Any engagement of forces between any of these players is high-risk, however, given the prospect of a misstep, or over-reach, by a politician for whatever reason.
The matter is further dampened by the knowledge in U.S. policy circles tangentially confirmed by the U.S. Director of National Intelligence (DNI) at the beginning of 2011 that Iran already had a number of nuclear weapons acquired since about 1991 from a number of international sources. Given that the U.S. and Israel have pledge never to allow Iran to acquire nuclear weapons, any open acknowledgement of the reality of Iranian nuclear weapons possession either invites the U.S. or Israeli governments to take decisive military action against Iran, or look foolish. The answer has bee as it was with the U.S. denial of North Korean nuclear weapons possession for so many years to pretend the evidence does not exist, but to act cautiously nonetheless.
6. The Arab Spring Break. Concerns over the positive or negative prospects for democracy in the Middle East as a result of the rash of examples of popular unrest (Egypt, Tunisia, Libya, Yemen, Bahrain, Syria) should be seen in the light of the removal of a firm superpower authority figure in the region following the collapse of the Cold War and subsequent decline of the U.S. They should also be seen in light of the reality of the maturing and stagnation of some of the political systems which did not have the flexibility and legitimacy of traditional systems.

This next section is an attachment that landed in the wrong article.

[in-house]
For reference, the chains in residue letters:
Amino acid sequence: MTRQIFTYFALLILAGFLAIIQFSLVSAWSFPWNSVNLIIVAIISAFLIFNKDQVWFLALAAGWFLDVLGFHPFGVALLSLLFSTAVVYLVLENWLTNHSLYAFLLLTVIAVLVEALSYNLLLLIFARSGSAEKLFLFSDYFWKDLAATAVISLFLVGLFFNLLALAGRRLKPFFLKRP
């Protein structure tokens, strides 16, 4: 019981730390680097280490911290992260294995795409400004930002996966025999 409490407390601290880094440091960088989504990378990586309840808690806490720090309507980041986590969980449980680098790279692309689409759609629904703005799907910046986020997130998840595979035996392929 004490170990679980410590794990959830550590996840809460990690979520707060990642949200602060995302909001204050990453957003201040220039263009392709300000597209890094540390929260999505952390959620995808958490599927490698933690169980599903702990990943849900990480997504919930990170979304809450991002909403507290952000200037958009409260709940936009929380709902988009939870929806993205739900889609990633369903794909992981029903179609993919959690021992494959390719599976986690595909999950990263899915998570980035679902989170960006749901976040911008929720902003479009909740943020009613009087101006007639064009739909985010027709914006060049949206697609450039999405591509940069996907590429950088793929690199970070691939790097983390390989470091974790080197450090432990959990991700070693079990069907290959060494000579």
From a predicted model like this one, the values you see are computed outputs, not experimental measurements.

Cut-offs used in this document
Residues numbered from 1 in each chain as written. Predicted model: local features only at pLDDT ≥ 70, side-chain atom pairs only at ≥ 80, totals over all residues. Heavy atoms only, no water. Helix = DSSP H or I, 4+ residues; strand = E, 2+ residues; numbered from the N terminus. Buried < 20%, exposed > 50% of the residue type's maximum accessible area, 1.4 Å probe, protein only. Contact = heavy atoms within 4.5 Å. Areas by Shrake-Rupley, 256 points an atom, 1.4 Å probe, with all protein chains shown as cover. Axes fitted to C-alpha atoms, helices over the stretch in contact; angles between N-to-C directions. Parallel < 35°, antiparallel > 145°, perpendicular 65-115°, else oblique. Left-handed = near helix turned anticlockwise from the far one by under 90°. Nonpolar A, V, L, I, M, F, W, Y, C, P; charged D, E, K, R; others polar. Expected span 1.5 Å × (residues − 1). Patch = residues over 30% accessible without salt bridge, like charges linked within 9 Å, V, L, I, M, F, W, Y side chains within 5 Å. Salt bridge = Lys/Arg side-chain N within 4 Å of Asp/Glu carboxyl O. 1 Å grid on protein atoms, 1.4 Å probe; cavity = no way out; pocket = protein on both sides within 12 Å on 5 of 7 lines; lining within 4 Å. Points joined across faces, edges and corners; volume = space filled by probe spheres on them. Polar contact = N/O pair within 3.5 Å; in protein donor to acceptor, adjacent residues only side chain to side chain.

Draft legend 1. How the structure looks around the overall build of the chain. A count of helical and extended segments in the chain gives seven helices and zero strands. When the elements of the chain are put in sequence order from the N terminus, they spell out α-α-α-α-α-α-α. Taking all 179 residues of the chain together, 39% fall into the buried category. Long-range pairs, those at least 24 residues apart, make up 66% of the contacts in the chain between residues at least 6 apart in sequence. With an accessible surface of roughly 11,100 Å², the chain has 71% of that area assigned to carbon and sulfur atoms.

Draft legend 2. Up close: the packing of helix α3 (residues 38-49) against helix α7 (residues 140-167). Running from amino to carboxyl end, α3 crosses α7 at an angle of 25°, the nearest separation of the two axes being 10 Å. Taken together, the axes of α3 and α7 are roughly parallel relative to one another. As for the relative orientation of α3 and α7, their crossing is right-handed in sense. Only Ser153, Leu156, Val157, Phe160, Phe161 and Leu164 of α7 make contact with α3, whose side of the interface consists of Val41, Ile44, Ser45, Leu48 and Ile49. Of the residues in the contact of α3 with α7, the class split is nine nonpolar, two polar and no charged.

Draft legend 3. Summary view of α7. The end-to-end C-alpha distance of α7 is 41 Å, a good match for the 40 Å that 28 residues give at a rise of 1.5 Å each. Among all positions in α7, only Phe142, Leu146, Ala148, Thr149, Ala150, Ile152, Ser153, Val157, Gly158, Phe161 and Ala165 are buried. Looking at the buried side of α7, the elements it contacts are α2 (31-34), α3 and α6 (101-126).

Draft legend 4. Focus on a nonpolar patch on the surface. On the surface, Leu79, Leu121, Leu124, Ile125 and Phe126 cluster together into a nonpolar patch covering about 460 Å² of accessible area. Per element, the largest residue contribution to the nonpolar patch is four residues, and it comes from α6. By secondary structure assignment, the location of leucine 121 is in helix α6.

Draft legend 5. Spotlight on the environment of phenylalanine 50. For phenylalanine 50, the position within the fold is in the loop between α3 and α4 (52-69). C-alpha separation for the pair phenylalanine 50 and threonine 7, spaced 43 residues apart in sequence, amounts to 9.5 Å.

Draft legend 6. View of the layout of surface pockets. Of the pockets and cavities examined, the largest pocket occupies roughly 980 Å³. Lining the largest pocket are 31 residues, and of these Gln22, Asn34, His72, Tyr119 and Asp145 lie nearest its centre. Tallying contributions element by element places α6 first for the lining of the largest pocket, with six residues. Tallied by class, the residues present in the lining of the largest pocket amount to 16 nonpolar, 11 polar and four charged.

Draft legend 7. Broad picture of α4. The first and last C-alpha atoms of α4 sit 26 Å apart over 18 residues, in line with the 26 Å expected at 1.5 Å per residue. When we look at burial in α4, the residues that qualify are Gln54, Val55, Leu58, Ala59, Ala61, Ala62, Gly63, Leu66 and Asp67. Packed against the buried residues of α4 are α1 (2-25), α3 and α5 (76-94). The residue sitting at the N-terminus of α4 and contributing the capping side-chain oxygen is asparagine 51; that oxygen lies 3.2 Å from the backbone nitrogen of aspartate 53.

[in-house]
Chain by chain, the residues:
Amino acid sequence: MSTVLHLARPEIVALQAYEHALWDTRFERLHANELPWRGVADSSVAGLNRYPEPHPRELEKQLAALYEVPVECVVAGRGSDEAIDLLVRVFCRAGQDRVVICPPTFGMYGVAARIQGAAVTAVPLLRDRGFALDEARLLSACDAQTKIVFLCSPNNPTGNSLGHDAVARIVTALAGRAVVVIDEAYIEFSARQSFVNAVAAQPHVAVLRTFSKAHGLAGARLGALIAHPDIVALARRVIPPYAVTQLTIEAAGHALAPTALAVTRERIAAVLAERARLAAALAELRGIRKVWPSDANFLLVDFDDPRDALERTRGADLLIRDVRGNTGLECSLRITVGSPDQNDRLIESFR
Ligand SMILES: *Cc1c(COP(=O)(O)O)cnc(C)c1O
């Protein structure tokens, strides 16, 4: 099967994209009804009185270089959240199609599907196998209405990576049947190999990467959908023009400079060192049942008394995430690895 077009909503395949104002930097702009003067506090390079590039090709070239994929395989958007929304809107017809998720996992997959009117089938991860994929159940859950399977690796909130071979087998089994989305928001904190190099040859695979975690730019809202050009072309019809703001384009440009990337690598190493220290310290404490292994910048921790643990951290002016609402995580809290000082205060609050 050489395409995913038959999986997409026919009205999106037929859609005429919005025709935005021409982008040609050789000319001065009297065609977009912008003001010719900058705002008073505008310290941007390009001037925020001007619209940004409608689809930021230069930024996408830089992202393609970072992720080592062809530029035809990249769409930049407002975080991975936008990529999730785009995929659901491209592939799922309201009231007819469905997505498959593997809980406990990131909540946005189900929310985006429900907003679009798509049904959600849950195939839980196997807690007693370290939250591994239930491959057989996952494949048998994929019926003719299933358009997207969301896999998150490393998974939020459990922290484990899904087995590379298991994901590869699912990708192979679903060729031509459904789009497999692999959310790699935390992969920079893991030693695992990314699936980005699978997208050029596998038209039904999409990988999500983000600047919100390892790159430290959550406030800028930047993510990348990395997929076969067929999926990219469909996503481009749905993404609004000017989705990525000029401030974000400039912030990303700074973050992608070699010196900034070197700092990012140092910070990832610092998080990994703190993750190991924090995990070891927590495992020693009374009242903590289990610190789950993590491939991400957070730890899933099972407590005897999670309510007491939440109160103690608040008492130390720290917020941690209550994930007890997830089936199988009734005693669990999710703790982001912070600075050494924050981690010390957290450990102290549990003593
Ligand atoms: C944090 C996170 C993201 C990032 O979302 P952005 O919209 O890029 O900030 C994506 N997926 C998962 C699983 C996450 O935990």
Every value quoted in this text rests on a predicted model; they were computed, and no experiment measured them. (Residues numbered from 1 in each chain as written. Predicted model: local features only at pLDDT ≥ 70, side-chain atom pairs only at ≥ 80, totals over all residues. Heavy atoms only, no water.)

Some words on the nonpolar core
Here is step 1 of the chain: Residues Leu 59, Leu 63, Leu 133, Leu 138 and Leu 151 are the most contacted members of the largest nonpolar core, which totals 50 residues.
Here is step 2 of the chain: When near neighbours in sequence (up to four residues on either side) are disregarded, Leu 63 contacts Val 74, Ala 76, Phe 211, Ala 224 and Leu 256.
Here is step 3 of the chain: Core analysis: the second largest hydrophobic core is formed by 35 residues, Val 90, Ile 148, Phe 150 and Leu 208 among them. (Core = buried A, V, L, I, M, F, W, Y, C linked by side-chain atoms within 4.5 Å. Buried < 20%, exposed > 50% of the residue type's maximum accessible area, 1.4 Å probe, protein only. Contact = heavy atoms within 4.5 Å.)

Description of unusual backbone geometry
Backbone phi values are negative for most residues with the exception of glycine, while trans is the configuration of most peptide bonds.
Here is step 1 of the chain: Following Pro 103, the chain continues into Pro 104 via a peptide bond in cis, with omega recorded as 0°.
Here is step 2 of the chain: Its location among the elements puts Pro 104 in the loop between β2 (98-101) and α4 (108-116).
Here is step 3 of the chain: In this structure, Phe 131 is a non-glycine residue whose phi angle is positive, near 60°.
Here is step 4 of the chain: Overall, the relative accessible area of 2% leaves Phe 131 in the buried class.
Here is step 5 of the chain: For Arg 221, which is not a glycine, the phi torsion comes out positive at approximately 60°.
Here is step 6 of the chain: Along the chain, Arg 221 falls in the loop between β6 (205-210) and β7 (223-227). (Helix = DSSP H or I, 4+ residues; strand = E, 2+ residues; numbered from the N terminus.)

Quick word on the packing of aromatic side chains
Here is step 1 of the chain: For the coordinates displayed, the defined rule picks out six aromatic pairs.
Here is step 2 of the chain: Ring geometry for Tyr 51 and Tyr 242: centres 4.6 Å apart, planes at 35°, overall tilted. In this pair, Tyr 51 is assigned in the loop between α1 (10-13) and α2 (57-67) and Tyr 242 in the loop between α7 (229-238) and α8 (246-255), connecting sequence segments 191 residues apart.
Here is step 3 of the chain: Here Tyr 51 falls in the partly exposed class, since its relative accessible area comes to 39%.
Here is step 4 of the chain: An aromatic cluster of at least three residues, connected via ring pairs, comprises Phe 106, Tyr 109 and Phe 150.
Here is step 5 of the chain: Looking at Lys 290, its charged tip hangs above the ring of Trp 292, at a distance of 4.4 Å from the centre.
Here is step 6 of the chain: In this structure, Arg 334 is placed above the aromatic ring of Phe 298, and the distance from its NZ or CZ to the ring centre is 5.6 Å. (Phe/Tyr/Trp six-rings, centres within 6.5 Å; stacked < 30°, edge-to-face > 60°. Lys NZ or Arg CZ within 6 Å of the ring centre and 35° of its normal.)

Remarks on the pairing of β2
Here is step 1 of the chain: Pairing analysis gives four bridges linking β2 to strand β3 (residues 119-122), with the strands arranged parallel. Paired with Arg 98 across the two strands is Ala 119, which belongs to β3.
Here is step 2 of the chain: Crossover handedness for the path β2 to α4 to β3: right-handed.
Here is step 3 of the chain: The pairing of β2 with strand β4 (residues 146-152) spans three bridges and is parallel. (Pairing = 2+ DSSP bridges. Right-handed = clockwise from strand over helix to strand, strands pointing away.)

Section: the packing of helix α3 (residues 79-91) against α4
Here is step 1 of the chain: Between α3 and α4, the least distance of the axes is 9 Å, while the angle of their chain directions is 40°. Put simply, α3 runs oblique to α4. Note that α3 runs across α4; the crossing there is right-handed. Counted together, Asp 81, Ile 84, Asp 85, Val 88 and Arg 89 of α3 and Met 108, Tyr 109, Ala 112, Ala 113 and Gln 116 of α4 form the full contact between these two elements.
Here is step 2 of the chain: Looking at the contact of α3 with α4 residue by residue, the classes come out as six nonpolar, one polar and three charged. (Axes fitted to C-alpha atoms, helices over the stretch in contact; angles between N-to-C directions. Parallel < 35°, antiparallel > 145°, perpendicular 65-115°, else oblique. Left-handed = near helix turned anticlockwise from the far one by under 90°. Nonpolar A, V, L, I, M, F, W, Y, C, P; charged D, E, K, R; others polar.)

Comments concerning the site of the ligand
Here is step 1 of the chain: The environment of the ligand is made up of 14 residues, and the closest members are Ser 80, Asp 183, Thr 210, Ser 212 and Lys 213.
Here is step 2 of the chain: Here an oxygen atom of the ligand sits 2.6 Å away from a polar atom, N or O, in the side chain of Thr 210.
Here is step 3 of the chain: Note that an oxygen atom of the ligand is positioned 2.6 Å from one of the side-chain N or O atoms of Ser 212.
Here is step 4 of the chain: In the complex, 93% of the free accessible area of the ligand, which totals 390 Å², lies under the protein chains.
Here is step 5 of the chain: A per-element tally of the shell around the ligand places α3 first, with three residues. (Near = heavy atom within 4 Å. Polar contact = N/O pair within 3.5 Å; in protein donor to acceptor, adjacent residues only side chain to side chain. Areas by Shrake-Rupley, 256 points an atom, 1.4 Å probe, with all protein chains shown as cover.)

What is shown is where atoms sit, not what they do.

The very peaceful and stable transformation of Morocco in 2011 with a new Constitution and subsequent parliamentary elections showed the value of a respected, historical leadership and governance process which was inherently rooted in local values. But how the governance systems evolve in Egypt and Syria, in particular, and also elsewhere in the region, is of strategic importance, but the process is natural and inevitable, and the U.S. and Europe have demonstrated in the past few years that they are unwilling and incapable to influence events.
The PRC and Russia lack the capability to enforce any outcomes in the region, and Iran has an influence by virtue of being such an overwhelming presence in the Persian Gulf. Indeed, what happens in Syria is also of profound concern for Iran and its rise or fall as a major regional power. This, and some of the other disputes, highlights the competition which runs parallel to the cooperation between Iran and Turkey. Not unrelated to this is the tenuous nature of the attempt by the Turkish political leadership’s bid to rebuild the neo-Ottoman status of Turkey in the Levant and Eastern Mediterranean, the Greater Black Sea Basin and Balkans, and Eastward into the Caspian Basin and Central Asia.
Turkey has also strongly promoted itself as a patron of the Arab states, on the Arabian Peninsula, as well as of Egypt. But memories of the Ottoman domination of the region are not merely reposited in Turkish minds; they are also, with negative connotations, embedded in the minds of their former subject peoples. So Turkey’s bid for major regional power status seems likely to come to a head in 2012, possibly through forced attempts to change the leadership of Syria on Turkey’s terms, or through confrontations with Israel and Cyprus (and possibly Greece) over Eastern Mediterranean energy deposits and maritime boundary claims.
The beginning of 2012 finds Iran desperately fighting the formation of a Sunni Turkish-Saudi Arabian bloc which, if successful, would reverse and contain the historic ascent of Shi’ite Iran and its consolidation of hold over Iraq, Lebanon and parts of Syria; that is, consolidating a Shi’ite land-bridge to the shores of the Mediterranean.